Taxes on Pensions in Tennessee

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Many Americans choose to move when they retire. Some want to be closer to their grandchildren, while others have always wanted to live in the mountains or on the coast and finally have the chance to live their dream. Still others are simply looking for a more pleasant climate or a less expensive place to live. Tennessee has become a retirement destination because of its pleasant climate, reasonable cost of living and relatively generous tax laws.

No Income Tax on Pensions in Tennessee

Tennessee is one of the most retirement-friendly states in the union, as Social Security benefits, IRA income and all types of pension income are not taxed in Tennessee. Tennessee does have a relatively high sales tax, with a 6 percent to 7 percent base state rate; an additional 1.5 to 2.75 percent sales tax can be added by counties and cities.

Tennessee Income Tax

Tennessee has a very limited state income tax. There is no income tax on wages, salaries or retirement benefits, but a 6 percent income tax is levied on stock dividends and interest from bonds and other financial instruments. The first $1,250 in taxable income claimed by a single filer and $2,500 for joint filers is exempt from the 6 percent income tax.

Low-Income Retirement Exemption

Tennessee also has a blanket exemption from state income tax for single filers over 65 with a total income of less than $16,200 or joint filers over 65 with a total income less than $27,000.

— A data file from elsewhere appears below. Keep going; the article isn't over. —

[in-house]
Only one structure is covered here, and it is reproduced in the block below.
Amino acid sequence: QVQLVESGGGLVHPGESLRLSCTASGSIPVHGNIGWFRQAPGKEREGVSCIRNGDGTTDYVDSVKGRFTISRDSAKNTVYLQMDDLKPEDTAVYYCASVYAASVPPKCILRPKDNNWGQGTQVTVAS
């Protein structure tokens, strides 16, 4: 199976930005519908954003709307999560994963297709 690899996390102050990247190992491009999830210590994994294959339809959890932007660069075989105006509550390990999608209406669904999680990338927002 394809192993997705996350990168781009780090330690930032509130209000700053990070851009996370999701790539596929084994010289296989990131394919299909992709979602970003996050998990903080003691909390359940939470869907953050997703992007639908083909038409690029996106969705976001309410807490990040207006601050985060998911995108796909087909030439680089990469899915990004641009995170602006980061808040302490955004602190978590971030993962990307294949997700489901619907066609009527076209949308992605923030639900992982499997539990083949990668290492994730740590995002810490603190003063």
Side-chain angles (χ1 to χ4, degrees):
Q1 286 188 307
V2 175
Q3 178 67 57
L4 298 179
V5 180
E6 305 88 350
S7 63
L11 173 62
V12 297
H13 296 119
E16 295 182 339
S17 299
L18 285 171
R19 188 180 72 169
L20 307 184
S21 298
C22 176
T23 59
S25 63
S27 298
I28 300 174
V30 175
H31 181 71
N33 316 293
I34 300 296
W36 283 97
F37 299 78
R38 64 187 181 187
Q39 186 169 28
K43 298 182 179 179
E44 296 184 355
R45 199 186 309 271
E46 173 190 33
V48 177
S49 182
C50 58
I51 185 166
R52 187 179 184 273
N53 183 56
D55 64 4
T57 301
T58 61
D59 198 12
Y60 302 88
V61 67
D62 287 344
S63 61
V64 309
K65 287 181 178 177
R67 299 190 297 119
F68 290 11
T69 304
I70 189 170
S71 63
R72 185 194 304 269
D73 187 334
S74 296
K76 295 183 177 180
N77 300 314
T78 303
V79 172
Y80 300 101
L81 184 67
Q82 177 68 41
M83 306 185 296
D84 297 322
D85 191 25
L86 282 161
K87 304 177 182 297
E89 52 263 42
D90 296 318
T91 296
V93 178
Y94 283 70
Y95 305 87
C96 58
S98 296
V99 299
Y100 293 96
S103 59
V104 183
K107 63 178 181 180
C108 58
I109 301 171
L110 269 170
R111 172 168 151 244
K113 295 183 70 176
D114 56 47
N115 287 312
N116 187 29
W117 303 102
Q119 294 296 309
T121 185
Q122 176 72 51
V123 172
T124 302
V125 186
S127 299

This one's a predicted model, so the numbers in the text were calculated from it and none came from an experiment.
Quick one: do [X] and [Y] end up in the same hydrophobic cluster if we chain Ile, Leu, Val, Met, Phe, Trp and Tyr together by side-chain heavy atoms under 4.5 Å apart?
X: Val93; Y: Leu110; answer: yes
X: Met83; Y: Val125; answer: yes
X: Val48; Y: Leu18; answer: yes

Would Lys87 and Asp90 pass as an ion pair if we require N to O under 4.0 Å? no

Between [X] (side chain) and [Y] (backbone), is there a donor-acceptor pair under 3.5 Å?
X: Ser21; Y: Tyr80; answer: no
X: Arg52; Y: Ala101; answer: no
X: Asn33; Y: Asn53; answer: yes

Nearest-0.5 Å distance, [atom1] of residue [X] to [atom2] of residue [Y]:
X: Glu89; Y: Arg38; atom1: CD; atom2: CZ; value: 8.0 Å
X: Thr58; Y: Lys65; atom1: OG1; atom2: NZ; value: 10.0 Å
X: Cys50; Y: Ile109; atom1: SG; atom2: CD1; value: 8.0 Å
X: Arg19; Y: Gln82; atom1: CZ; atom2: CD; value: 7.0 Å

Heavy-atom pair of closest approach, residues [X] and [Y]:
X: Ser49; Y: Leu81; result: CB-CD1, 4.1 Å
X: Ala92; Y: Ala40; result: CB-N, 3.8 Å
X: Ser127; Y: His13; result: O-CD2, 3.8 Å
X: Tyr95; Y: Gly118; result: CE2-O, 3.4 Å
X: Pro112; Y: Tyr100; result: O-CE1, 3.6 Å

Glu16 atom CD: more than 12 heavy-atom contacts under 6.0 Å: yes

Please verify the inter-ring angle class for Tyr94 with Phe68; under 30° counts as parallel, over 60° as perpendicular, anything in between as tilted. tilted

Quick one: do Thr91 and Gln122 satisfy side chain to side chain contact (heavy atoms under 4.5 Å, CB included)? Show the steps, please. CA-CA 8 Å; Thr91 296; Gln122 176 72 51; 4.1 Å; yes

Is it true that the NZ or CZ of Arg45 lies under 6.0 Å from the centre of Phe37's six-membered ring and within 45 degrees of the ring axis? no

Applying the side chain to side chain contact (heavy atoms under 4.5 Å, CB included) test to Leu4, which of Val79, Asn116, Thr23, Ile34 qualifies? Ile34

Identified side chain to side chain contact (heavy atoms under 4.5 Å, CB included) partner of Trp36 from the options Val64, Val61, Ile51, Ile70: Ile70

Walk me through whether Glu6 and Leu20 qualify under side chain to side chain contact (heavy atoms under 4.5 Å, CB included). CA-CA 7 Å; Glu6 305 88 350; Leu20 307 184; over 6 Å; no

Income Taxes on Pensions in Other States

In New York, Social Security, military, civil service, and New York state/local government pensions are exempt from state income tax, but out of state or private pensions are not. Filers over age 59 1/2 are allowed an annual $20,000 exemption. There is no income tax on pensions or any other retirement income from in Pennsylvania after age 59 1/2. Social Security, military and railroad retirement benefits are exempt from income tax in Wisconsin. Most Wisconsin state and local government retirees also qualify for an income tax exemption, but out-of-state government pensions and income private retirement plan are fully taxed. Wisconsin offers a $5,000 exemption for taxable retirement plans for low-income filers.

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